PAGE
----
How To Create Podcast Cover Art: A Complete Guide

(Updated on November 2020)

First impressions count. And, although you should never judge a book by its cover – people inevitably do, especially when it comes to podcasts. Good podcast artwork can make the difference between being ‘featured’ in Apple Podcasts and gaining a lot of new listeners, to appearing unprofessional and setting your podcast up for failure

Therefore, the real question is: how do you make your podcast’s image pack a proverbial punch? Luckily there are some handy (and easy-to-follow) tricks you can employ which will immediately help your visuals. Read the guide, cross the items off your checklist, and give your podcast some added pizazz!

Are you just starting your podcast? Before you take out your microphone and hit record, there are a couple of questions you should ask yourself before you start podcasting. Intrigued? Watch our Youtube video to learn more. Also, make sure to subscribe to the Spreaker Youtube channel here.

1. Get Your Podcast Artwork Dimensions Right

Size DOES matter. Before you get into the nitty-gritty of designing your logo design, make sure you understand your podcast artwork must follow some basic requirements in terms of dimensions so that it gets accepted across the main podcast directories. 

Out of all the main podcast directories, Apple Podcasts has the strictest requirements, however, luckily, many of the other platforms have the same demands.

Here are the Apple Podcasts’ album artwork specifications:

  • Must be a minimum 1400 x 1400 pixel resolution, recommended 3000 x 3000 pixels
  • Needs to be JPEG or PNG file
  • RGB color space & 72 dpi
  • Extra consideration: be mindful of Apple’s Dark Mode

Here are three of the key Apple Podcasts dimensions to be aware of:

Apple Podcast Page on desktop displays at 220 x 220 pixels.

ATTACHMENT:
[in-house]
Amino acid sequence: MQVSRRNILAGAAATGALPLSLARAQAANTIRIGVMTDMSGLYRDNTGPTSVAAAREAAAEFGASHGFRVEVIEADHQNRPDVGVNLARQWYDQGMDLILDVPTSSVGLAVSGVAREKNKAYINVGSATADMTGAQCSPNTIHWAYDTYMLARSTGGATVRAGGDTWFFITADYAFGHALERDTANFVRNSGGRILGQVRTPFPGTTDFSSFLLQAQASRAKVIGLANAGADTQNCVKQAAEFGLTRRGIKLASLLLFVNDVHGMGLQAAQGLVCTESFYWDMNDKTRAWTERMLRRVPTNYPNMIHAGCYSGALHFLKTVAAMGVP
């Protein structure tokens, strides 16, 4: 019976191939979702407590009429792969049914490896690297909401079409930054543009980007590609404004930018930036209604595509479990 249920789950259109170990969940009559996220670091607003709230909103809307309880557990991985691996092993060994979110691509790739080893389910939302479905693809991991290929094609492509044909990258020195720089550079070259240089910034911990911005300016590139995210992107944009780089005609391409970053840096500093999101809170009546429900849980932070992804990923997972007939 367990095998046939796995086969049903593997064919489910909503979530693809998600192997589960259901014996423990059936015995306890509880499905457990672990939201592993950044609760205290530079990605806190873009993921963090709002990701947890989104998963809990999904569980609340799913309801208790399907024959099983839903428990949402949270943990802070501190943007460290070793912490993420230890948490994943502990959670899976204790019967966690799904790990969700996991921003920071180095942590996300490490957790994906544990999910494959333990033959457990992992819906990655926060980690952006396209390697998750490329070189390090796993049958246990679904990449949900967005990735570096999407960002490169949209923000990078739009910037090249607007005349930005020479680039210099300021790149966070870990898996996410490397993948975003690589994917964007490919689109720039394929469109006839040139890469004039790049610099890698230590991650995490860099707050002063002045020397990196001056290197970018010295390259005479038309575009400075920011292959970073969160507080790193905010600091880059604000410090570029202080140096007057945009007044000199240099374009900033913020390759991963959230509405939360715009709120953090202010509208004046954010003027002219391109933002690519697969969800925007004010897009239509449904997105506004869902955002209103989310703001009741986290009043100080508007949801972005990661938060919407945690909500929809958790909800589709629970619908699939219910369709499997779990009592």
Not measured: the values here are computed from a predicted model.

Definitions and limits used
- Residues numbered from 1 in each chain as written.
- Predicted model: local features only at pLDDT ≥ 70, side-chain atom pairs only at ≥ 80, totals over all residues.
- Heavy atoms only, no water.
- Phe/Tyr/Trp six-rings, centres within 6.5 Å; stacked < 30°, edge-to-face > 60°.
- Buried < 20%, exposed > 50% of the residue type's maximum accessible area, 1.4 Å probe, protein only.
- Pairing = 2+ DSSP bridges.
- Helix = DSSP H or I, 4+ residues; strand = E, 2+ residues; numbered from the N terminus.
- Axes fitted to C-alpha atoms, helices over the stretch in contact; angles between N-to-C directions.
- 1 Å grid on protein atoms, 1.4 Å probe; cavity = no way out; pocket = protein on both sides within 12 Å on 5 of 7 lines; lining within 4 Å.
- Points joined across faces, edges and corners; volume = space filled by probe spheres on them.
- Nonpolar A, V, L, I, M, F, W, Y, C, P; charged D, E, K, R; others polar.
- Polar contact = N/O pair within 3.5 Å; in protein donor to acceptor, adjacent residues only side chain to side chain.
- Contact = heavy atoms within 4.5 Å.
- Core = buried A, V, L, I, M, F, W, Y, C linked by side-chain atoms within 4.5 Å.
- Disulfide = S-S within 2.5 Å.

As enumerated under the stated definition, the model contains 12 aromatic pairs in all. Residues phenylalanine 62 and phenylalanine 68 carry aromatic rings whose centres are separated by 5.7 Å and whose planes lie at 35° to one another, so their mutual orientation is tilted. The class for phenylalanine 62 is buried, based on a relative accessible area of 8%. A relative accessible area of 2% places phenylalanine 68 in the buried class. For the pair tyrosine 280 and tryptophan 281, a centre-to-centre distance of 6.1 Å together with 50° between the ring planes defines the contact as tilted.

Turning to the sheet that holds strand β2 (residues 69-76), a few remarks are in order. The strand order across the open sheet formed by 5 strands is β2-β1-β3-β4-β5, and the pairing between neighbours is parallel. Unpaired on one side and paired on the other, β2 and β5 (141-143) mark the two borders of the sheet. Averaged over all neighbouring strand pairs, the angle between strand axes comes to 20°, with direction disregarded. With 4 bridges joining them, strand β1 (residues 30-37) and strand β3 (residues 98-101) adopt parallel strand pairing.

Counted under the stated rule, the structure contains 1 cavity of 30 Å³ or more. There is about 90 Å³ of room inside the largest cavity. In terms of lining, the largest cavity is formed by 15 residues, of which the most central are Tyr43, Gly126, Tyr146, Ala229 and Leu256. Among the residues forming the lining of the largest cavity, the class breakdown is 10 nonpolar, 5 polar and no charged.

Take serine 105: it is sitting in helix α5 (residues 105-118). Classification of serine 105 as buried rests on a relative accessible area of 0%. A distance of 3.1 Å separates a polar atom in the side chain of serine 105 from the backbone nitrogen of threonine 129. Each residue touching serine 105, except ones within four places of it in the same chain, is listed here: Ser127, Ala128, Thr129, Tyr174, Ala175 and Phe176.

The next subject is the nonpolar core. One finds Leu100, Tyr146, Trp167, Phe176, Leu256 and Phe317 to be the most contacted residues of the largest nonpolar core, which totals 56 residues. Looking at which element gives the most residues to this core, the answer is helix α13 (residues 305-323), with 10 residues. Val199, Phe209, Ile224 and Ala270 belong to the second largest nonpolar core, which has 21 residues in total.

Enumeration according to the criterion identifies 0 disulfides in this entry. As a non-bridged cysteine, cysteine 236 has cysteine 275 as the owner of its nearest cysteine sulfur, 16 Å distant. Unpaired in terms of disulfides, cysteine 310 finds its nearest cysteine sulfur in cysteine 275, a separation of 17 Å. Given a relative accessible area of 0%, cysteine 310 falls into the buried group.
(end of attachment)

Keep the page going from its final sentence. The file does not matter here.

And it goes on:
iTunes Store Podcast Page on desktop

Apple Podcast New and Noteworthy Section on desktop displays at 125 x 125 pixels.

iTunes Store New and Noteworthy Section on desktop

Apple Podcasts on mobile displays at 55 x 55 pixels.

Apple Podcasts on mobile

Spreaker Pro tip: If you want to make sure that your podcast artwork looks good on mobile, export your file at 55 x 55 pixels to see what it looks like. If your main text and images are too small to read, then you need to re-think your design!

2. Check Out the Competition 

If you’re lacking inspiration for your podcast cover art, a great way to get your creative juices flowing is by looking at what your competitors and peers are up to.

For example, if your podcast is centered around learning, why not try selecting the Apple Podcasts category for ‘Education’ see what’s already listed? Or click the ‘What’s Hot’ section for ‘Education’ and have a think about why those particular podcasts stand out from the crowd.

Below is a snapshot of the current educational podcasts in the section. Take the time to look at the podcasts included, think about which one your eyes are drawn to, why is that? Do they have anything in common? What have other podcasters done which might work for your podcast?

Apple Podcasts category for ‘Education’

3. Communicate Your Podcast’s Message

Your podcast artwork is the first touchpoint your listeners will have with your podcast. That’s why it’s SO vital that you immediately communicate what your podcast’s about, the topic, theme, or ethos of your podcast – using imagery, visuals, and colors.

Your podcast artwork has to visually evoke the content of your podcast to your listeners. With this in mind, think about the answer to this question and it might help inspire you: What is my podcast really about?